Monday, November 2, 2009

Protecting Us from Hamburgers and News About Hamburgers

Two people have died and close to 30 are ill, apparently from eating beef products infected by e.coli bacteria. New York meat company Fairbanks Farms has recalled over half a million pounds of beef, largely on the east coast. A complete list of recalled products is available here.

Presuming that there is evidence linking these illnesses to the recalled beef, the recall makes a lot of logical sense. And there is no point in having a recall if people don't hear about it, so the publicizing of the recall also makes sense. But there is a tension here. Less than 30 people are sick and 2 have died, but now millions are worried. Everyone is looking in their freezers to see if they have the dreaded patties, and eyeing their fast food a little more suspiciously. After all, you can control what's in your freezer, but not what McDonalds or Burger King have in theirs.

In balance, the level of panic caused by the publicity is probably worth it, at least in adults. Most of us are able to keep things in perspective, realizing that this is a threat we can control. There are exceptions to every rule, however, and exhibit A in this is the commenter over at Huffington Post who wrote:
Obama should declare a Pandemic in the Meat Industry. Processed meat that people buy in supermarkets have [sic] killed people. This is a bigger threat than that swine flu.
I can only hope this person has their tongue planted firmly in their cheek, because the death rate from H1N1, as we all know, is a lot higher than it is from Big Macs, even with the current outbreak.

We know that. The thing is, our kids don't. Our children, particularly those in the roughly 7-10 age range, are old enough to know that bad things happen in the world, old enough to understand the basics of a news story, and old enough to know that, as much as they rely on adults to keep them safe, that isn't always possible. Now they hear that ground beef is killing people, and we assure them that either we don't have any of it or we've thrown it out, but they can't help but wonder. If your child is a particular worrier, he or she may be able to come up with numerous scenarios under which they will still ingest contaminated beef. This is how vegetarians get their start.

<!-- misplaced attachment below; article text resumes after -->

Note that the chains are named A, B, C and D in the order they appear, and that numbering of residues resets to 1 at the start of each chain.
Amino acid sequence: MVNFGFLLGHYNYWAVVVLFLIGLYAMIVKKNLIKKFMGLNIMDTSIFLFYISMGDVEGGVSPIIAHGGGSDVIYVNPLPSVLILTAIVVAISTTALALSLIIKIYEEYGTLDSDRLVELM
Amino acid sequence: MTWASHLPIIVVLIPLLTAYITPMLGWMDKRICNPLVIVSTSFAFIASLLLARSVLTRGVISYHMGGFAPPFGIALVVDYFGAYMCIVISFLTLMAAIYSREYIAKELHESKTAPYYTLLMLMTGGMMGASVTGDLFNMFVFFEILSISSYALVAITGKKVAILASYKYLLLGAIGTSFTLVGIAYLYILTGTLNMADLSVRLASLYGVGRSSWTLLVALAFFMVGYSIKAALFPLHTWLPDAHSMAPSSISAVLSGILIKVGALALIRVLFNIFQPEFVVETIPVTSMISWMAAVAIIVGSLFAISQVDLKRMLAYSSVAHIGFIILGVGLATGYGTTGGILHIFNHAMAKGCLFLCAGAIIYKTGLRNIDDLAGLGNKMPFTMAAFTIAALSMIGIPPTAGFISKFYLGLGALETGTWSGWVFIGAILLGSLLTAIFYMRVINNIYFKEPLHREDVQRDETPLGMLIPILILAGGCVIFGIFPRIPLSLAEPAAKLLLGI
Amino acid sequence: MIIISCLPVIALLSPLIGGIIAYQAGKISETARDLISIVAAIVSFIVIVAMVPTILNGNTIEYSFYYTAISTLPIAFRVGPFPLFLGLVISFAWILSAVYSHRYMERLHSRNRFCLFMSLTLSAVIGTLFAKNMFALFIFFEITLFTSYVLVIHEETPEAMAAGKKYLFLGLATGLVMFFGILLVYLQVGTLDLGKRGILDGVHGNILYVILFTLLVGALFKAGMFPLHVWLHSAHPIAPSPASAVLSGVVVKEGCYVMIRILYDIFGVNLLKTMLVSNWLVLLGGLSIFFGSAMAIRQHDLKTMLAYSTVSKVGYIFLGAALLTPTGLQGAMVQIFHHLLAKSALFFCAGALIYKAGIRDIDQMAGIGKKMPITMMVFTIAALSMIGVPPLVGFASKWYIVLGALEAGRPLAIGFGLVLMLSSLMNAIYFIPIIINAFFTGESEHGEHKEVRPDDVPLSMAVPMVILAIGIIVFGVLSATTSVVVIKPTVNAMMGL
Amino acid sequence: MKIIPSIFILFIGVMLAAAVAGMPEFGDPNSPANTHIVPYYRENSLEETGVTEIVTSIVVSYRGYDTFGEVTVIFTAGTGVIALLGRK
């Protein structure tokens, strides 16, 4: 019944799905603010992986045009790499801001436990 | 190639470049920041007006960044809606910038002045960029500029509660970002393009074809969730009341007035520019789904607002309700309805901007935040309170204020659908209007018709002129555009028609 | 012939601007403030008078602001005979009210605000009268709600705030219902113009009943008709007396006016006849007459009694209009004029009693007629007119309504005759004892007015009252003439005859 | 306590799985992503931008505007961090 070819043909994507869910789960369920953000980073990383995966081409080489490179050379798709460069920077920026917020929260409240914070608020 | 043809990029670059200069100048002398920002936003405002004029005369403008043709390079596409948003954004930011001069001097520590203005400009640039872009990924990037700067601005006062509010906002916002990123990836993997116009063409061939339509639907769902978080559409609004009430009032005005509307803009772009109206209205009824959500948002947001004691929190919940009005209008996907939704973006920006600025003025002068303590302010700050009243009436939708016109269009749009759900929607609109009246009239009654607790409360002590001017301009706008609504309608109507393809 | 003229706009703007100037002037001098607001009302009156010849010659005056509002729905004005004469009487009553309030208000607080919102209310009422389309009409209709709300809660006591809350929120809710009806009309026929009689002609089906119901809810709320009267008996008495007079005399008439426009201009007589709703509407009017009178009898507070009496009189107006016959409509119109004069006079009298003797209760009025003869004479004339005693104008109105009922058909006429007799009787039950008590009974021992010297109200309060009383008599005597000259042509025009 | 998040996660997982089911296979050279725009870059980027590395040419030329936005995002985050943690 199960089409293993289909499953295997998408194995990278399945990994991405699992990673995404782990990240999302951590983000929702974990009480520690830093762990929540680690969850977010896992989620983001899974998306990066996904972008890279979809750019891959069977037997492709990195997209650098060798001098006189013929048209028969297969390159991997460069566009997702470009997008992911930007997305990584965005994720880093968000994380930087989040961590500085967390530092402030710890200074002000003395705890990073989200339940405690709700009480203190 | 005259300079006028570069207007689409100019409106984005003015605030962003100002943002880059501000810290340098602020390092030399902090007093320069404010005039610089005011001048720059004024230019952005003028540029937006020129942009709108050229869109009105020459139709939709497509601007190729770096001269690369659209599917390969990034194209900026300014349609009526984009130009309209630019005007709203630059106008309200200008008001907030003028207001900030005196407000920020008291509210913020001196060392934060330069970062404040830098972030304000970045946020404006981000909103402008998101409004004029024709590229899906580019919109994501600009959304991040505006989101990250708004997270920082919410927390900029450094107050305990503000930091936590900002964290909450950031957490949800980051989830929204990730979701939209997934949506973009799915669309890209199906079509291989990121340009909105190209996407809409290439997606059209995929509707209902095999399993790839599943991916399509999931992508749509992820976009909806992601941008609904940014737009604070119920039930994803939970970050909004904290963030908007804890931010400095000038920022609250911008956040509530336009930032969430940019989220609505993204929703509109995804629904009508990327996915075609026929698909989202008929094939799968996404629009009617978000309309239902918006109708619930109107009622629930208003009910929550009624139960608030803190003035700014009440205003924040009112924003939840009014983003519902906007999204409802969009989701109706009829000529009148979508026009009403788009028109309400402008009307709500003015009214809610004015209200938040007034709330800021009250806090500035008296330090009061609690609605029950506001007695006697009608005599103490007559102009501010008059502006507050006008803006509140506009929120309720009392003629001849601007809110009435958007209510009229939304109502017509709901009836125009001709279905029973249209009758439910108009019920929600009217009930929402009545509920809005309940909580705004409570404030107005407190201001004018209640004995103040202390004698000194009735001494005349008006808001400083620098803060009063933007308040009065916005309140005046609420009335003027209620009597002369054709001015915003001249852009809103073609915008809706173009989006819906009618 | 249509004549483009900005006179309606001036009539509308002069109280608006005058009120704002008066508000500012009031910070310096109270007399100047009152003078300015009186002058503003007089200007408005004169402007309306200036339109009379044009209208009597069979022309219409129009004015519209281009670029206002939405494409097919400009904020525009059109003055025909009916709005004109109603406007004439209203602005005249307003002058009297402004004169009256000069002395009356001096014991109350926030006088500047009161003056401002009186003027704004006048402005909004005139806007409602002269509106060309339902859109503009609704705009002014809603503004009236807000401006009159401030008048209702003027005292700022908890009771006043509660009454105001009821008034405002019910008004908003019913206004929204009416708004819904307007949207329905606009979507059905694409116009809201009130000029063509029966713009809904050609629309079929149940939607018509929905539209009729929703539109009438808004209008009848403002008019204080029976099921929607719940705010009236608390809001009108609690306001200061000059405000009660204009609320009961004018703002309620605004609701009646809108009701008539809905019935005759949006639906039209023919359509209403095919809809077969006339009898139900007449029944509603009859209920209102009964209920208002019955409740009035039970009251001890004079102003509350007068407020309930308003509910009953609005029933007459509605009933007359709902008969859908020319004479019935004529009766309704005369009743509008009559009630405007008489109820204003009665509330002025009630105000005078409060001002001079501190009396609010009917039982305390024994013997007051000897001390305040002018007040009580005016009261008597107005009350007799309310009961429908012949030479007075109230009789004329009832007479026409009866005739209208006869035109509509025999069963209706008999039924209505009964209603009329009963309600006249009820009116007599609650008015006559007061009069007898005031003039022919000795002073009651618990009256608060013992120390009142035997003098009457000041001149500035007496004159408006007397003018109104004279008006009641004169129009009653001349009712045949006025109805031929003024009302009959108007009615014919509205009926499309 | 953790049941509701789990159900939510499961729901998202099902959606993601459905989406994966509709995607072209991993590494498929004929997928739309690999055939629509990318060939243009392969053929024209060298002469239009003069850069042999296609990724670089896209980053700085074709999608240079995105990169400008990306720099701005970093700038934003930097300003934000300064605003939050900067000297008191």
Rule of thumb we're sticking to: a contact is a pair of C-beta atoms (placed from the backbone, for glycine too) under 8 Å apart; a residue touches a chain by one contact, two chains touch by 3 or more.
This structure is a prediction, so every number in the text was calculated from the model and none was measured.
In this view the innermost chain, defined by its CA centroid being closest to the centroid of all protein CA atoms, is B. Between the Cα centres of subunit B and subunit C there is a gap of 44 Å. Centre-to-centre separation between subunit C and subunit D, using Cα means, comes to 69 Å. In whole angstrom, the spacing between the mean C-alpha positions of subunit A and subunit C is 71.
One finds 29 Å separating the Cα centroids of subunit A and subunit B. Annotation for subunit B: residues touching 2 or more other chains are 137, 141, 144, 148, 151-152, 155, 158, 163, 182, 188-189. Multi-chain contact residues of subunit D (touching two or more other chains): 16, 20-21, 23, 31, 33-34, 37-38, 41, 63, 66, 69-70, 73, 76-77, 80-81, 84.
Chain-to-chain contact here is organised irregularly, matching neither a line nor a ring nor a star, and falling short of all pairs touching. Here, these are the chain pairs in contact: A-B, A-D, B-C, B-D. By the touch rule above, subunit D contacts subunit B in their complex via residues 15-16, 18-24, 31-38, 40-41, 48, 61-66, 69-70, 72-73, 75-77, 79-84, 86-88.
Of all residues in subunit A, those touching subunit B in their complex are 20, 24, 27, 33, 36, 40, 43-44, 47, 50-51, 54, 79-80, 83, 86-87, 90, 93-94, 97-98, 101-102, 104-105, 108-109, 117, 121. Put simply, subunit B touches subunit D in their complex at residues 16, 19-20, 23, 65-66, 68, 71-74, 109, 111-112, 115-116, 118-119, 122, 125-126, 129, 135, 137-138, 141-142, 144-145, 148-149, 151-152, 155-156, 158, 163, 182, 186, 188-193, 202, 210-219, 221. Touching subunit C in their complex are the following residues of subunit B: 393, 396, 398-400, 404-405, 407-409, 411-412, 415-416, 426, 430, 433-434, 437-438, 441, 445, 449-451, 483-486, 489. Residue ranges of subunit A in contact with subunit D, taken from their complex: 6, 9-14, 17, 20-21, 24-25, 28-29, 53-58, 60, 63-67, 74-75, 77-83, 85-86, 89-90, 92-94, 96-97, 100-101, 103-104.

So what's a parent to do? Most of us naturally become exasperated after a while and start brushing their concerns off with "don't worry about it." This is a sure-fire way to increase children's concerns. The minute we indicate we don't want to talk about it, kids believe we aren't talking because we have something to hide. The best thing we can do is be honest and upfront about what is going on and what we have done to keep them safe, and promise them that if there is a reason to worry or any more information to share, we'll talk about it some more.

And then, ultimately, we have to hope they believe us. In the end, that's what parenting so often comes down to.


Colleen said...

There is a good side to this. The beef that is most likely to get infected is that which is ground up containing a whole bunch of meat from different sources, especially containing the nasty fatty hunks. When you get the hamburger that is lower fat, it doesn't have as many sources, especially not the higher-risk nasty fatty part that is worse for us _anyway_. So maybe the packagers will be forced to stop using that nasty, unhealthy riskiest part!

Or, if you have one, you can go to the little local grocery store, where they grind their own, and it comes from just one source. The nosing around I did suggests that if your beef is from one source the risk is lower, which does make sense. Of course, I started getting the meat from the little grocery store because it tastes better and is healthier, as it's much fresher and has lower fat, and they cut it how you want it!

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Naomi Zikmund-Fisher
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